The next morning he woke up and he felt a little better.  Super sore but he could at least do some air squats.   Walking was a bit slow….. Once we got to the Athlete pavilion he started warming up for his event which included 15 squats at 275lbs and 30 box jump overs using a 30 inch box.  Warm up went ok and he said he felt good enough to gut through the Event which he ended up with a 10th place finish.   From my vantage point, I could see he was favoring his leg on the squats and the box jumps and he was a bit sore at the conclusion of that Event.  To his credit, he didn’t say a word to anyone about his injury.  He did NOT want to use that as an excuse for the remainder of the competition.  When he made the choice to continue, we agreed he had to put the injury aside and compete to the best of his ability.    We also knew if he could get through the heavy squats, he would be able to push through the remainder of the Events as the weights were either light or the movements were things he could adapt to without putting more stress on his quad.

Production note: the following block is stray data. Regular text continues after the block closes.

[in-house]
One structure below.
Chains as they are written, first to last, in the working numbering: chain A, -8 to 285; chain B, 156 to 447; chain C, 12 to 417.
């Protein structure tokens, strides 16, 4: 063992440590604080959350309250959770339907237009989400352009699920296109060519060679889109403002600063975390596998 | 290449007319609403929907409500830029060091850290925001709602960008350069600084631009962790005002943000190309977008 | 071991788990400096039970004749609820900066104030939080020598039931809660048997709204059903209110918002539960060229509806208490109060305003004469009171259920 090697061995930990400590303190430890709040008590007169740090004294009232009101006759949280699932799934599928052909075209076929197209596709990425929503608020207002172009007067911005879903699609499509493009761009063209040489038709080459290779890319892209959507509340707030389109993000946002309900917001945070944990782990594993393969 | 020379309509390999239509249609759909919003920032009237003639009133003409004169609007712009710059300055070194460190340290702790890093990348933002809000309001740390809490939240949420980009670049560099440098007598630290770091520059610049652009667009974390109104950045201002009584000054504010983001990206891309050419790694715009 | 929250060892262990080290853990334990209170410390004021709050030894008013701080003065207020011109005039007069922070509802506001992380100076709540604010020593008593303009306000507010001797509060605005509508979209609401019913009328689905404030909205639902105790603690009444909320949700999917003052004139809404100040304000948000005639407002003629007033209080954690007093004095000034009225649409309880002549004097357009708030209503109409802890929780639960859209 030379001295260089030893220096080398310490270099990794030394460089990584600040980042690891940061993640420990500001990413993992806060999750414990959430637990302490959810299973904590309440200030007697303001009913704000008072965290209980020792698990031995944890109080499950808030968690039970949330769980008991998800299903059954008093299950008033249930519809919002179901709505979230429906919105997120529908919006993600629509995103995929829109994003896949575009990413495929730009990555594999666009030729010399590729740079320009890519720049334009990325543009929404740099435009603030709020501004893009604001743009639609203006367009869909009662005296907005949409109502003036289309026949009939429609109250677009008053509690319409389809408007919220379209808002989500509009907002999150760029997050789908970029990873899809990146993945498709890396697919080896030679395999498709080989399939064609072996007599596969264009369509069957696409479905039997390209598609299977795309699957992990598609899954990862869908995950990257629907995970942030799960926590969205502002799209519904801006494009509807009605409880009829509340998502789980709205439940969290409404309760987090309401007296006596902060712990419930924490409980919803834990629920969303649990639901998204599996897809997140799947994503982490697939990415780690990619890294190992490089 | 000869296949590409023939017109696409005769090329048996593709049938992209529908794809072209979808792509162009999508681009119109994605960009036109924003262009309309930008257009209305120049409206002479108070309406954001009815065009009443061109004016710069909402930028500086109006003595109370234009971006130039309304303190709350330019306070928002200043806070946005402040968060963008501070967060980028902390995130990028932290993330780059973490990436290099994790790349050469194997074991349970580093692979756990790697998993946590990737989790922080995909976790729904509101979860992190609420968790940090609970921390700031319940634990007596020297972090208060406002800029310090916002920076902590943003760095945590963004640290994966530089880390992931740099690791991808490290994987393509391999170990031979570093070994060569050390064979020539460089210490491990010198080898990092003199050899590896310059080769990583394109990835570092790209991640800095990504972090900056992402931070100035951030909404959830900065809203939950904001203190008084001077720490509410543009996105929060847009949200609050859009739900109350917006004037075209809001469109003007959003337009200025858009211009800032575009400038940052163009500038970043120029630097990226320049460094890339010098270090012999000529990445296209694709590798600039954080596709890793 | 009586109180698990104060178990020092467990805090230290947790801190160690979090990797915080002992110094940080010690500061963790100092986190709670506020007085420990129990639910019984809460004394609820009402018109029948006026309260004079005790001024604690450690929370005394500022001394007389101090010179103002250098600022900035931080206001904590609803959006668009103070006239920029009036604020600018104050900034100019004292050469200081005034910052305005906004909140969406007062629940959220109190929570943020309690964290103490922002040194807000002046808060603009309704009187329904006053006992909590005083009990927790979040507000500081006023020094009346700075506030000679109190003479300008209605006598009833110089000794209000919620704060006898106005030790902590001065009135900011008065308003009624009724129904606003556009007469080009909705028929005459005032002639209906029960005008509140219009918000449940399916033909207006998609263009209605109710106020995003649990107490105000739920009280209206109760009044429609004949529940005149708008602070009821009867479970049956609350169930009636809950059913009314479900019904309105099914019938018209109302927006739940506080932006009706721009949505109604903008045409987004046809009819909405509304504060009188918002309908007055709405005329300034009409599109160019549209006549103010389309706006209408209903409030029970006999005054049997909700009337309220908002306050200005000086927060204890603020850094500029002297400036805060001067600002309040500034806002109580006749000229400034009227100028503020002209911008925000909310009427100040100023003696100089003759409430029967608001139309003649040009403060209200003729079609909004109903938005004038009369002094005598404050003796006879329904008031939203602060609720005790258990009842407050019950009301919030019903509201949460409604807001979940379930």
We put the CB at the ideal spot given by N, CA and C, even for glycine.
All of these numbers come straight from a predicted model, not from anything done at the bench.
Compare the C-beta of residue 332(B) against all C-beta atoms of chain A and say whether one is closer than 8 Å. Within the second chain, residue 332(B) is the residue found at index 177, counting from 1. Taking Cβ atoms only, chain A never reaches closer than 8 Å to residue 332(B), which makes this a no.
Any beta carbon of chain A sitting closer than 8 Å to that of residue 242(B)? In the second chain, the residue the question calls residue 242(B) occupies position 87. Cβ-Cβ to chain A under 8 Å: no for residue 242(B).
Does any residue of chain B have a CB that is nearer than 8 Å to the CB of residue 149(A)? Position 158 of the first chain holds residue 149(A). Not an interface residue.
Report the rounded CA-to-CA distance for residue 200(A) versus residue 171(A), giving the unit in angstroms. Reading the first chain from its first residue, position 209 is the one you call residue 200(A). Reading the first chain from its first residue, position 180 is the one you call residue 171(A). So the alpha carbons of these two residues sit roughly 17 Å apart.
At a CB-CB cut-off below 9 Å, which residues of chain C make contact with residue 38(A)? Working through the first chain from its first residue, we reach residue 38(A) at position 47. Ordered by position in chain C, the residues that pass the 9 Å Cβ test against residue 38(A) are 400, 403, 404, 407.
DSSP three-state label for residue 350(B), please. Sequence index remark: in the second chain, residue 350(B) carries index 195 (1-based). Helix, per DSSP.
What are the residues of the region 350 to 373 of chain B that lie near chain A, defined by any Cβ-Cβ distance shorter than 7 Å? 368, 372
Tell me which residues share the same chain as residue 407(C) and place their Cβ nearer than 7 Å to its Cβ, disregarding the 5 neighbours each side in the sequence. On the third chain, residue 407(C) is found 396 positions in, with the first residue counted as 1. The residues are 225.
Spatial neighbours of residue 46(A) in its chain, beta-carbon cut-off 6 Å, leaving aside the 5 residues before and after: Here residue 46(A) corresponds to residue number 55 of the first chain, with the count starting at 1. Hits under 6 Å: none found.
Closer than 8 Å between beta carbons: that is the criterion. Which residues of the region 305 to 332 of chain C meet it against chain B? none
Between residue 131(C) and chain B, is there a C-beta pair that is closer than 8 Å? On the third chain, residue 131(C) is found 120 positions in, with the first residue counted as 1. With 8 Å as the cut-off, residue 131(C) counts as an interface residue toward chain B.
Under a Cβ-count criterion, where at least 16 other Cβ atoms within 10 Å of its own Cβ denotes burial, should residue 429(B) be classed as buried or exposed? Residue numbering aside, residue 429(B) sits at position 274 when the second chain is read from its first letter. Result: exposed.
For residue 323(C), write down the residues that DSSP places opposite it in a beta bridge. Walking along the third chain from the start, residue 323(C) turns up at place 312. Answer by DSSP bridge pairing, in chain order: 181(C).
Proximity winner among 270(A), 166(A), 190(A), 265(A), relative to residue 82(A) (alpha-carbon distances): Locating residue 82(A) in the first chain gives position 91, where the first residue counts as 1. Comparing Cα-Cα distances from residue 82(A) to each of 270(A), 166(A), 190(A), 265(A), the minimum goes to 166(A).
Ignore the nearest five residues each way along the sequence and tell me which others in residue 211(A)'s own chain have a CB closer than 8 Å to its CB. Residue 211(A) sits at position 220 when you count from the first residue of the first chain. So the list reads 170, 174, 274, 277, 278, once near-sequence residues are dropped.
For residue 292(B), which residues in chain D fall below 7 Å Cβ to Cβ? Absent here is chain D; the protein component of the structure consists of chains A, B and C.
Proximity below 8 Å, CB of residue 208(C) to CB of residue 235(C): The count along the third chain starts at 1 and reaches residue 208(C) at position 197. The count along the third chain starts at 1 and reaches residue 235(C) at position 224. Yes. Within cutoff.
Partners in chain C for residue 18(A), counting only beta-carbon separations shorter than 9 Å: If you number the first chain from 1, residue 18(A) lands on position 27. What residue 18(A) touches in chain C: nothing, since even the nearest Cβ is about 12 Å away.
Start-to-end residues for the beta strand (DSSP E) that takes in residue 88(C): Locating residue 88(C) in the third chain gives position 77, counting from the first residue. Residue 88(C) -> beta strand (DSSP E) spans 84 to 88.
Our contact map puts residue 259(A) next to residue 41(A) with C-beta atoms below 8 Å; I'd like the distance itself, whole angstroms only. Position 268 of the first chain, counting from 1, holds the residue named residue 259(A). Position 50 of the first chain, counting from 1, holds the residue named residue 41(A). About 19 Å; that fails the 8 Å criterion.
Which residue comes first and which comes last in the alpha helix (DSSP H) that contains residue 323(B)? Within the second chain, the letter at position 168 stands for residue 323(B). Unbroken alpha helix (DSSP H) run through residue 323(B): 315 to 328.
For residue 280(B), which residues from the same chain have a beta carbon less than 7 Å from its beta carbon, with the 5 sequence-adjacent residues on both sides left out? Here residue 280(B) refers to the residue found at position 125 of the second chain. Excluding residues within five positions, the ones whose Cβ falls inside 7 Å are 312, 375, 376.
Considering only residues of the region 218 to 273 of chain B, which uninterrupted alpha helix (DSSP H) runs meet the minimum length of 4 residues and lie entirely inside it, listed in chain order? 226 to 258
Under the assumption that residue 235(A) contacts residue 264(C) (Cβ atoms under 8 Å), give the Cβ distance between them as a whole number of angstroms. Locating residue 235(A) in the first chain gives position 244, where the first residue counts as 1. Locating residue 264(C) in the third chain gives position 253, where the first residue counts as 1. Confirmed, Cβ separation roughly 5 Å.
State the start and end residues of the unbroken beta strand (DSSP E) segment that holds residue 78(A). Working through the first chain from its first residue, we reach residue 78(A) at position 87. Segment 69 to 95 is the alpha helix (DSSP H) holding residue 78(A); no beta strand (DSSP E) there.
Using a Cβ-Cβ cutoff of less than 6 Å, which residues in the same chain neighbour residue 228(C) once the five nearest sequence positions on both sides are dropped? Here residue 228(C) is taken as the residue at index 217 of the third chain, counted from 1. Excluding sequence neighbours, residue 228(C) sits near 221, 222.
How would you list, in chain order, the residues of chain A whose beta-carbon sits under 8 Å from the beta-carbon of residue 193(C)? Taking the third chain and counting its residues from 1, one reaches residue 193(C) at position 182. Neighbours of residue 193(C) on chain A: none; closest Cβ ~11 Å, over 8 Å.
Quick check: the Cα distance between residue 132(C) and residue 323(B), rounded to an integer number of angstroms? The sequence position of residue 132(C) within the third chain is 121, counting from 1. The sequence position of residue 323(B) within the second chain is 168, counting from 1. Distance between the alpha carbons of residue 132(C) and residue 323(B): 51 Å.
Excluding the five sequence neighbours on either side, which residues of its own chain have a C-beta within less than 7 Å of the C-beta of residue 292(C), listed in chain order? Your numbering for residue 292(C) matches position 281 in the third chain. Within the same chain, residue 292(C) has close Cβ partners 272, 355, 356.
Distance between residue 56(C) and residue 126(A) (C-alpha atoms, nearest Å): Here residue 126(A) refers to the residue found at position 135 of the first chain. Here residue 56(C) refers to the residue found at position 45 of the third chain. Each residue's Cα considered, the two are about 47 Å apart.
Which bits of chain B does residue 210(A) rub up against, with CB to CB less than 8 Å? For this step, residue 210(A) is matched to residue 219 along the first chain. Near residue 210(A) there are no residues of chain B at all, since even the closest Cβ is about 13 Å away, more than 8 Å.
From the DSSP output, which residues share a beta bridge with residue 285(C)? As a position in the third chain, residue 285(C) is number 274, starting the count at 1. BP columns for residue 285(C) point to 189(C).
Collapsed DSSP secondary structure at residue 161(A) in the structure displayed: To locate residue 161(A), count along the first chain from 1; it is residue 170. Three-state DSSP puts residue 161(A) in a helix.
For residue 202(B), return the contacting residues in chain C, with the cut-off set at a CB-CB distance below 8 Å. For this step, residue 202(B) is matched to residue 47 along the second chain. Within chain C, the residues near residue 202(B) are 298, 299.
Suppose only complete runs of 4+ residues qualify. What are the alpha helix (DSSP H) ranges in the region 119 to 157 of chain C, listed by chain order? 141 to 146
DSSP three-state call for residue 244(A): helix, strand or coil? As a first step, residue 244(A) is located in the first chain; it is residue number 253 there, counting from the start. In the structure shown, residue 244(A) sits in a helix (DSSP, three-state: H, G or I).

From this point forward, the Games turned into something different for Logan.  He stepped away from the pressure he had put on himself to win and started to enjoy the experience of being at the pinnacle of his sport.  He stepped away from the idea that he might be letting his family, gym family and supporters down.  The messages of support he was getting helped him so much more than anyone knew.  He needed to hear that no matter how he was doing on the Leaderboard, people still love him and support him.  He started to smile and laugh and joke around.  In short, he started being Logan.  The Leaderboard started to show this as he continued the Events with two 12th place finishes and an 8th place finish in the final Event which leapfrogged him two places up the Leaderboard and into his final place at number 15.  15……He is the 15th fittest 16-17 year old in the WORLD!!!!  As his Coach I couldn’t be more proud.  Competition aside, I am most proud of how he handled himself on the competition floor. He rolled with the no reps. He adjusted his plan when things fell apart. He never made excuses and he NEVER….EVER gave up!! He could have finished 20th and I would still be just as proud.

Final Thought (this one is from Dad):  The embrace we shared when the last event was over will be something I will treasure for the rest of my life.  My son was just on the biggest stage of his sport and I had the honor of being his Coach.  We did it together.  With a lot of support along the way.  I can’t thank everyone enough for loving my son and supporting him chasing his dream.  You all are appreciated beyond words.